Most comfortable offshore race ever

Published on June 25th, 2020

Sloan Burns, who finished second in the Double-Handed Division of the 2020 Online Newport Bermuda Race, shares this “onboard report” from the Jeanneau Sun Fast 3300.


I was supposed to be doing the actual 2020 Newport Bermuda Race on Artemis, an Italia 13.98 owned and skippered by Jeff Kennedy of Annapolis, MD. He put together a fantastic crew, and we had been working very hard pre-race on statistical analysis of historic winds, comparative race data, and expected performance with the Italia yacht.

We worked closely with the sailmaker to ensure our inventory was appropriate. Boat prep was moving along splendidly, and we were enthusiastic and optimistic about our race prospects. To hear the race had been cancelled was devastating for us as a crew, though we felt it was a respectable decision by the race committee.

Instead, both Jeff and I decided to race the virtual regatta both to test our navigational theories as well as keep the spirit of Newport to Bermuda alive. I chose the Sun Fast 3300 because double-handed racing is something I have a great interest in and I’ve seen the boat sailing around Annapolis.

Several days before the race, the routing was calling for a slight east of the rhumbline course. However, near the start, the route switched to an east flier going 100nm off of the rhumb. This is something in real life, I would never consider, so I chose instead an eastward route and set a no-go boundary of no more than 20nm off of the rhumb.

I set a route to stay on the east side of the main rhumbline pack, giving me maneuverability and what I considered to be a neutral position with the uncertain and evolving weather pattern. It became apparent there was little that could be done with the first hole so sticking close to the rhumb seemed to ensure the best performance.

I found it most beneficial to hold true to the old saying of “races are won and lost at night” — something that benefitted us greatly in the 2018 Bermuda Race when I was lucky enough to sail with Glenn Doncaster aboard Nanuq (Fishing Bay Yacht Club).

Despite the land-based virtual race, Doncaster’s wisdom held true—and I found myself setting alarms through the night often “hand steering” through the very late and very early hours instead of relying on a pre-plotted and set “autopilot”. I also found hand steering to be helpful in picking my way through the “holes” that popped up in the course — optimizing wind angles and velocity made good on course (VMC).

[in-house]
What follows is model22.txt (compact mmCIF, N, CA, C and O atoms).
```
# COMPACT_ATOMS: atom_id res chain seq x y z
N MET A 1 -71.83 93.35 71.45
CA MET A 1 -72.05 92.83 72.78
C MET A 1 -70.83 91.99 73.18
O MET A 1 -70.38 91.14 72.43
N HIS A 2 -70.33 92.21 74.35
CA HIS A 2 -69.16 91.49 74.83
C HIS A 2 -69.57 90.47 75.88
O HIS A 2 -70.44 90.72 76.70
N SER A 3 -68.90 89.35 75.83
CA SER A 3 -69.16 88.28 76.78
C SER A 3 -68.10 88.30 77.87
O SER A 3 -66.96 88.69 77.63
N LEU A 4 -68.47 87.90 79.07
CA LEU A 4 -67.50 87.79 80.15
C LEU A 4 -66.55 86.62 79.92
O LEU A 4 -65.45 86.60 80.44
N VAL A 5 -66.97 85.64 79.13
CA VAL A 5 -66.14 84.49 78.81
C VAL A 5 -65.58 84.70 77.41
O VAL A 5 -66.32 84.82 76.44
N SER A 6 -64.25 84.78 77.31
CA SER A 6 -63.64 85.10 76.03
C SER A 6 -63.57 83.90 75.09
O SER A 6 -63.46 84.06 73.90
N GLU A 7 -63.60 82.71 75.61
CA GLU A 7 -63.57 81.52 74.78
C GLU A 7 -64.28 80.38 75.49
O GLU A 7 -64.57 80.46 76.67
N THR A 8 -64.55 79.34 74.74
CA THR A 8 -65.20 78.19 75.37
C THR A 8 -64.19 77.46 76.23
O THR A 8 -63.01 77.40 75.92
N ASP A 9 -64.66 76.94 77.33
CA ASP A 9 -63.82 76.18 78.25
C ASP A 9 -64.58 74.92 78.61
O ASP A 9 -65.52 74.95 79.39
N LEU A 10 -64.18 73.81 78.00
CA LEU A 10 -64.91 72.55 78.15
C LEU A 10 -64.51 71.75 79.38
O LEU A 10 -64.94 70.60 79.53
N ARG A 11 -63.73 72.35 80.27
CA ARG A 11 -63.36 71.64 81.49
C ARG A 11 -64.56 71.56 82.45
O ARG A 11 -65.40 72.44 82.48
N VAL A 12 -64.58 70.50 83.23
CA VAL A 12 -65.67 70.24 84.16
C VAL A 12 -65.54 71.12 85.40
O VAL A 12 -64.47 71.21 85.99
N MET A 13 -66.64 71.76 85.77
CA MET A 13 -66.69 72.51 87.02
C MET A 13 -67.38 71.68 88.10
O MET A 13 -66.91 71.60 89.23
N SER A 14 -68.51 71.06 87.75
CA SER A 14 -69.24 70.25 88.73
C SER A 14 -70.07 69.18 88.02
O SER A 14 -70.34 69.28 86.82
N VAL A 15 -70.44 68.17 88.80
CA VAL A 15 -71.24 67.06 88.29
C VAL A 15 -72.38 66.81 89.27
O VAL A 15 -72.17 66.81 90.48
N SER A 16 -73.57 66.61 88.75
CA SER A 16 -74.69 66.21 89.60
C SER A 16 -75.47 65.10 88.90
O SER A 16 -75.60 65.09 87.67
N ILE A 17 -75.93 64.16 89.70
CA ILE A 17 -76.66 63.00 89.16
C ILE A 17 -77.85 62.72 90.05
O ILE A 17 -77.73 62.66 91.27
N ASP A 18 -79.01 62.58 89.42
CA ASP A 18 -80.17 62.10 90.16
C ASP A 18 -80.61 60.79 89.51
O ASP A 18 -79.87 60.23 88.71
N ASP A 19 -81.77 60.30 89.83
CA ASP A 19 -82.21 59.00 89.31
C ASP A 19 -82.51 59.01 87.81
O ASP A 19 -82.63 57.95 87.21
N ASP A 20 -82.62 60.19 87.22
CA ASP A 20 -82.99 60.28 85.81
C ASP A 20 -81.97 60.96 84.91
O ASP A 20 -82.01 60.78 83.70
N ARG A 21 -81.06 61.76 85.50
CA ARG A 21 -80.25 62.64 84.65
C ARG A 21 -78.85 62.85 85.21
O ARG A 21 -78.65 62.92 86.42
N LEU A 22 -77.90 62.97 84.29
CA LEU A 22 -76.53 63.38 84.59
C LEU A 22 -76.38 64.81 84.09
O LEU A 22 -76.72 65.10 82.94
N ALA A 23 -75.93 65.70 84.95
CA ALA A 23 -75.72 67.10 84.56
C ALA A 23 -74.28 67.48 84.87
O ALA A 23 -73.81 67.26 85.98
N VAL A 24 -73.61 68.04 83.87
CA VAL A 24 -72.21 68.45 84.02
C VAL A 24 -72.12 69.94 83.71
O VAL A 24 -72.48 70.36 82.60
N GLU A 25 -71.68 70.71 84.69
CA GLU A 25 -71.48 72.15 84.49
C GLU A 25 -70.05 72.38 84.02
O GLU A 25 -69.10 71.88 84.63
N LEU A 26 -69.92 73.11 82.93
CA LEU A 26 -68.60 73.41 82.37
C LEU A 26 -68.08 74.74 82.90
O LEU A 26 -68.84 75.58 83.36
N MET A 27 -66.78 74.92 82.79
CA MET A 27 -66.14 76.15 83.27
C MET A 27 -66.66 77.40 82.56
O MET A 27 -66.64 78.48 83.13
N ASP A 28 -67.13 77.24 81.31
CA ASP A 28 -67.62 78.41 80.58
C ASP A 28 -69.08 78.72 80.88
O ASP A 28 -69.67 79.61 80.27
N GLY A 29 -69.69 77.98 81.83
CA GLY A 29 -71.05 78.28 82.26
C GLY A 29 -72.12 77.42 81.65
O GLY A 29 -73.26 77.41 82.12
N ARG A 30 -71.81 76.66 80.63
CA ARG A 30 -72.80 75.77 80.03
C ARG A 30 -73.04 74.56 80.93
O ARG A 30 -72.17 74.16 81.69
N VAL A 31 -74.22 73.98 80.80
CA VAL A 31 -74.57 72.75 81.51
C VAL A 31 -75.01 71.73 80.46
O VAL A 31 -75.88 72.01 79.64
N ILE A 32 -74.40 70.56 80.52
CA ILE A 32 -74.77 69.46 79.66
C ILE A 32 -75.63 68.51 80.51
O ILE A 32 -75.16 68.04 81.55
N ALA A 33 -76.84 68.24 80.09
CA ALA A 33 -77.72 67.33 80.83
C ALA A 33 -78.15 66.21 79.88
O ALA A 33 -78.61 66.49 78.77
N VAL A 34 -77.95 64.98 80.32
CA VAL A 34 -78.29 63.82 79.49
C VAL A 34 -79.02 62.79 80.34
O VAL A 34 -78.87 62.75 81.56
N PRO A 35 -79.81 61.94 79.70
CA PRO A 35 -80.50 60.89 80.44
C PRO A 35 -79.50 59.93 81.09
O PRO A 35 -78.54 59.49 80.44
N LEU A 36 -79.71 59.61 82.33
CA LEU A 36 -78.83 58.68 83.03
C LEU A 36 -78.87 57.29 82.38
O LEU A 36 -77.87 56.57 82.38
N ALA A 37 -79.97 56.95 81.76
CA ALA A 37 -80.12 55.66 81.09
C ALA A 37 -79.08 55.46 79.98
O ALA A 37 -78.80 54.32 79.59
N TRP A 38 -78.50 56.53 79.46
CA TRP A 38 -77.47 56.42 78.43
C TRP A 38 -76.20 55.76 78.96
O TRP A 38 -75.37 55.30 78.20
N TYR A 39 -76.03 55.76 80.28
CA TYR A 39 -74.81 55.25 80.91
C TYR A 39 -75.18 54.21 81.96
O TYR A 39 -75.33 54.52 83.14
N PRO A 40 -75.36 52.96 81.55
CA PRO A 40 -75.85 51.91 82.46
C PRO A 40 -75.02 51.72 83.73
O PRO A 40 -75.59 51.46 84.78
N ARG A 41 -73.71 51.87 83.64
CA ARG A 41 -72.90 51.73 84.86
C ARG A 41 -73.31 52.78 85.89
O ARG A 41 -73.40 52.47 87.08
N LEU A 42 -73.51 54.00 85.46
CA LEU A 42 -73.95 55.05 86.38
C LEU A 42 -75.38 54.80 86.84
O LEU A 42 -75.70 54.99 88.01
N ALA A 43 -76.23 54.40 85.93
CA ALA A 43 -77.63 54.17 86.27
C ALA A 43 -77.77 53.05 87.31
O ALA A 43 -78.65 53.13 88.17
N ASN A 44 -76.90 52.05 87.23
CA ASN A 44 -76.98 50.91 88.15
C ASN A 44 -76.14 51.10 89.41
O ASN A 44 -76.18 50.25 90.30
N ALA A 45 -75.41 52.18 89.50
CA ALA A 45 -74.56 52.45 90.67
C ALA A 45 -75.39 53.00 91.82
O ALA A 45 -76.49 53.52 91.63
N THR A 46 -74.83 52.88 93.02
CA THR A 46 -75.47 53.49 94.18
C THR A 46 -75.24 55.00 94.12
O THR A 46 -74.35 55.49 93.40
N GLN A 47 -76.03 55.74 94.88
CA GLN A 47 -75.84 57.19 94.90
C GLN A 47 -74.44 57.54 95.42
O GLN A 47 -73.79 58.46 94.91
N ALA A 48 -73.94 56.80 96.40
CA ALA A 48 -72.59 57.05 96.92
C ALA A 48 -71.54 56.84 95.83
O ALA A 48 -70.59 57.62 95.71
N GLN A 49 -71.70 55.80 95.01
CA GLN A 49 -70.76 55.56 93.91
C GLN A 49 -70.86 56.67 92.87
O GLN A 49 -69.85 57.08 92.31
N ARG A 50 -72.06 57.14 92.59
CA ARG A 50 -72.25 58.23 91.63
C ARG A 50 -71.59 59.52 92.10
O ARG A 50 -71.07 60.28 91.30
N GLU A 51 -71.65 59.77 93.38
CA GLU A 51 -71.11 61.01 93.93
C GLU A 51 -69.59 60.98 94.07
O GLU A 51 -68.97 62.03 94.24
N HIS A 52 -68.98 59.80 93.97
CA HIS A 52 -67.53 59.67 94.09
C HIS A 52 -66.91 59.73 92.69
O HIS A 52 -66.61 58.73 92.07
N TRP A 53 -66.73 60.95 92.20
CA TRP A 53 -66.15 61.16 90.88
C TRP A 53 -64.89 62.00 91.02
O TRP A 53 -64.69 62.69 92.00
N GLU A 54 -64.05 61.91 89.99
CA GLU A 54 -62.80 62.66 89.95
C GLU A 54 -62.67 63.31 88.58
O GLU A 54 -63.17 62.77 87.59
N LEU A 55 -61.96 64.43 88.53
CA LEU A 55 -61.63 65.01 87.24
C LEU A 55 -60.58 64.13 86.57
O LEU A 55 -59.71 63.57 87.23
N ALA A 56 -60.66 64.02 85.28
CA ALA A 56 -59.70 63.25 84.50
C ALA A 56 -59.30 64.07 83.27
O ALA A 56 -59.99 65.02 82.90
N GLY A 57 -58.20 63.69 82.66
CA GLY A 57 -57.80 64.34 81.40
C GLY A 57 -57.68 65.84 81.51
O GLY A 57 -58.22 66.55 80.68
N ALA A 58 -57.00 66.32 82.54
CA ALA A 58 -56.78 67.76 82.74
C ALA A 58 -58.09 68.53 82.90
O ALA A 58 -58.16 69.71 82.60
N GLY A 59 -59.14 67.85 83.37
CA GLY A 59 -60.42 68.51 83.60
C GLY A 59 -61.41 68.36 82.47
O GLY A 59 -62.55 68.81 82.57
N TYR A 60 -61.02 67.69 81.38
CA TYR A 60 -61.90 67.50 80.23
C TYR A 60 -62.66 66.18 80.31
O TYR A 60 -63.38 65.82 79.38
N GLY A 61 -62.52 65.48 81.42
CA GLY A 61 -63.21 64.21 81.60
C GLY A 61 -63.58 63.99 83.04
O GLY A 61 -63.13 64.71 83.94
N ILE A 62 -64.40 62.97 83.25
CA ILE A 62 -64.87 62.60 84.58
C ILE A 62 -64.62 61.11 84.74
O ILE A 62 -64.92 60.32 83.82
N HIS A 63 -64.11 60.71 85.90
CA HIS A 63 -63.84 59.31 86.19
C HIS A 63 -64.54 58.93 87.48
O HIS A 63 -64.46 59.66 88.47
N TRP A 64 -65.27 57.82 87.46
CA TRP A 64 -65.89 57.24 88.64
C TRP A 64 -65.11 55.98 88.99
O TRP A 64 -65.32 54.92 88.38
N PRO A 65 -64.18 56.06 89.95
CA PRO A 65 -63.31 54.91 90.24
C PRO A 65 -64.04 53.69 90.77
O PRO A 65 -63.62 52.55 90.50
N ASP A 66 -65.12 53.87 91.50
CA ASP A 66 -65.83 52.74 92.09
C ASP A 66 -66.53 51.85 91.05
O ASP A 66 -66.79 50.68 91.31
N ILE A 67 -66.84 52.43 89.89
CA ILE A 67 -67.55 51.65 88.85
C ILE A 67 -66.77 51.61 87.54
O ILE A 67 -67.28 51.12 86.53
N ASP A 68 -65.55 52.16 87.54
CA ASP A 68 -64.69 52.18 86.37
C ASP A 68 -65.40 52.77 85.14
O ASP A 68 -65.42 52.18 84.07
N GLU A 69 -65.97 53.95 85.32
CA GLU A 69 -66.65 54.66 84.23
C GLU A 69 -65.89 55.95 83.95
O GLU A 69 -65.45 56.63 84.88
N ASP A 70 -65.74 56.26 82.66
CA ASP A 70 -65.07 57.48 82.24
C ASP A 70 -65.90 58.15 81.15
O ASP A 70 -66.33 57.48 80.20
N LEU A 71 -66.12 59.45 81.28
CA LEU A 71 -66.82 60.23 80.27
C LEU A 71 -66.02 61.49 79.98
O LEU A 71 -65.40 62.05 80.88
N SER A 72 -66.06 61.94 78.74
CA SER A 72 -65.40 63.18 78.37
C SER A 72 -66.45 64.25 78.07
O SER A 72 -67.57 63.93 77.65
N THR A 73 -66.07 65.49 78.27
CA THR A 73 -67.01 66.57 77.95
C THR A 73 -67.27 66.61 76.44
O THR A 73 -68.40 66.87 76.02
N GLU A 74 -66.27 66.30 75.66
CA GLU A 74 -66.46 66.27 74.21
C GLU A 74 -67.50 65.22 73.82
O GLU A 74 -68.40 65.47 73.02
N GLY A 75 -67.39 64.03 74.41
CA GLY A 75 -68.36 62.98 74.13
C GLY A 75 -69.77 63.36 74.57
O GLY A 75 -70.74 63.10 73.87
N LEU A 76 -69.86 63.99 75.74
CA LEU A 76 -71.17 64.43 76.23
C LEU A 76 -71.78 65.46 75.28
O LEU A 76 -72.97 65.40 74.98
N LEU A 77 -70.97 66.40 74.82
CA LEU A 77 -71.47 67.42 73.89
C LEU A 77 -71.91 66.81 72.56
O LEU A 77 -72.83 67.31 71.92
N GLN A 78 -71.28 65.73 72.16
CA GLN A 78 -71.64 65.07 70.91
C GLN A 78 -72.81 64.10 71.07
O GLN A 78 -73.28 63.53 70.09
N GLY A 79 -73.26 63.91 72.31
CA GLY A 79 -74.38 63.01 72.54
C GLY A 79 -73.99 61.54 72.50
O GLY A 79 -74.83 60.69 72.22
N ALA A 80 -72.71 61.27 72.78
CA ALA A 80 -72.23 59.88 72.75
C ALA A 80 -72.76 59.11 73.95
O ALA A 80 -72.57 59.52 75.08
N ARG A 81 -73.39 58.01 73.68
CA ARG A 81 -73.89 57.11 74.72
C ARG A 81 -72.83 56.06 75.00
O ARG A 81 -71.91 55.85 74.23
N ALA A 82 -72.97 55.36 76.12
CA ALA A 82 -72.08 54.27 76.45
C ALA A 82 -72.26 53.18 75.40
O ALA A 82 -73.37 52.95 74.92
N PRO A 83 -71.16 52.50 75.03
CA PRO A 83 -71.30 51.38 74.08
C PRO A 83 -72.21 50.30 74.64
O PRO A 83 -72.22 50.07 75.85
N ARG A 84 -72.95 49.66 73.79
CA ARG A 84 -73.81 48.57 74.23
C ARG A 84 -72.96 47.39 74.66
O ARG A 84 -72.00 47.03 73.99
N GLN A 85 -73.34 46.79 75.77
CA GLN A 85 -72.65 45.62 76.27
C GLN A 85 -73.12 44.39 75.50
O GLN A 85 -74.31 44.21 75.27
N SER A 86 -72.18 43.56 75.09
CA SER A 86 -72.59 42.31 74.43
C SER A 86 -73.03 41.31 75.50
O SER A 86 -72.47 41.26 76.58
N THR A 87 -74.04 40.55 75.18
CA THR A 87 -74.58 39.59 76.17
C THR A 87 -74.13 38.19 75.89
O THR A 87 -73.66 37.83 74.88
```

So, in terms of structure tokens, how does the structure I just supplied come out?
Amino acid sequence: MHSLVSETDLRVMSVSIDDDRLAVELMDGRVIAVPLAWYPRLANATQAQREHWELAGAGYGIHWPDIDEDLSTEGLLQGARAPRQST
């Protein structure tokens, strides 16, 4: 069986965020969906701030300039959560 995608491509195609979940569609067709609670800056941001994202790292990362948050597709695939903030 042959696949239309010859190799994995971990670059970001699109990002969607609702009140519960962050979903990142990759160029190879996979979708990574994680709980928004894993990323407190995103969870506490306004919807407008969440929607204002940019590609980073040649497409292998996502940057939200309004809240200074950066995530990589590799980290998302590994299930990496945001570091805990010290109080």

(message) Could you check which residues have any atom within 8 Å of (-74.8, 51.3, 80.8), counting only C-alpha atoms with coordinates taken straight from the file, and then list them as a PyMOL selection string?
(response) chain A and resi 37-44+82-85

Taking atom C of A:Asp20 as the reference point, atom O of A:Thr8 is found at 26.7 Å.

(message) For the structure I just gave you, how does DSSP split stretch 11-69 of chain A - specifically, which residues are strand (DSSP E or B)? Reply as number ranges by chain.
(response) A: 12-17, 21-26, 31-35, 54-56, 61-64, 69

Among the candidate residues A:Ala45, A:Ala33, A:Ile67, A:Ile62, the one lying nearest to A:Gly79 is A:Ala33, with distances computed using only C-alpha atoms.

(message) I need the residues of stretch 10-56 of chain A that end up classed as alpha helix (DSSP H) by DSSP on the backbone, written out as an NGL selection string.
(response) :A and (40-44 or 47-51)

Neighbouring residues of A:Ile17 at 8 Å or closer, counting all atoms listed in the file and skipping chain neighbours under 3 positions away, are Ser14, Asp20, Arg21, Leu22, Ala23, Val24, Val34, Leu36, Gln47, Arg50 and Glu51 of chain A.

The author, hand-steering his Sun Fast 3300 through the early hours of the morning.

After getting through the first hole, I switched into this optimal VMC mode. (Another benefit of the Sailonline.Org racing for a navigator is learning to describe and numerically define sailing objectives, e.g. racing to a point vs. true wind angle vs. match racing and position defense). Routing then sent me west of the rhumb line. Rather than aggressively chase the optimal route 20nm east then west again, I chose a middle of the road route and stuck along a more optimized VMC course.

This maneuver positioned me in a very precarious location with respect to the encroaching low. Watching the weather, it looked like I was minutes from either making it out of the very edge of the low or getting swallowed by it.

Enter more hand steering, again. As the low approached, the wind speed started dropping out faster than predicted and in fear of being swallowed, I tacked early before the optimal angle and was able to stay in the breeze.

After exiting the low, it was apparent that midnightexpress and OscarBoteco1 had maneuvered the low better than me and exited with a more advantageous position—stronger wind and better angles for the drag race to Bermuda. I needed to make up at least a half of a mile in the next 200nm, which proved nearly impossible.

I attempted some maneuvers not called for in Expedition routing. I tried to manually steer a “Wally” course to close the gauge between my more westward competitors (Thanks, Kevin Lineberger the tactician aboard Dennis Hannick’s Goin’ at FBYC). When this did not prove fruitful enough, I calculated an exact great circle route and crossed my fingers — all of them.

I never could catch midnightexpress but was successfully able to defend against OscarBoteco, which Expedition initially had finishing at least 2 minutes ahead of me.

As midnightexpress finished at the pin, SloanBurns aimed up the line slightly, half a mile behind and with equal distance on OscarBoteco1 (faint yellow boat).

Competing in a virtual regatta was interesting to say the least. The Sailonline.Org (SOL) racing community was very helpful in the chat — giving us newcomers access to many of the tools and tricks of the program known to veteran SOL racers.

(Fun Fact: Did you know that you can drive to the 0.001th of a degree in online racing? That would be some fantastic driving skills in real life. Talk about a steady tiller.)

Thanks to the SOL community and the Newport Bermuda Race organizers for keeping the spirit of the race alive in a virtual format. While I absolutely missed the ride to Bermuda and the collaboration with my crewmates, the virtual race gave me a very different sort of challenge that I found very enjoyable.

All in all, it was definitely the most comfortable offshore race I’ve done thus far — though the fact I attempted to pour my midnight coffee into an upside down coffee cup is probably an indication that I got no more sleep than on an actual race.

Sloan Burns, the skipper of SloanBurns, poses in the nav/helm station with his girlfriend Kira Gelineau, also of the Artemis N2B 2020 Italia crew, and their new puppy Bean.

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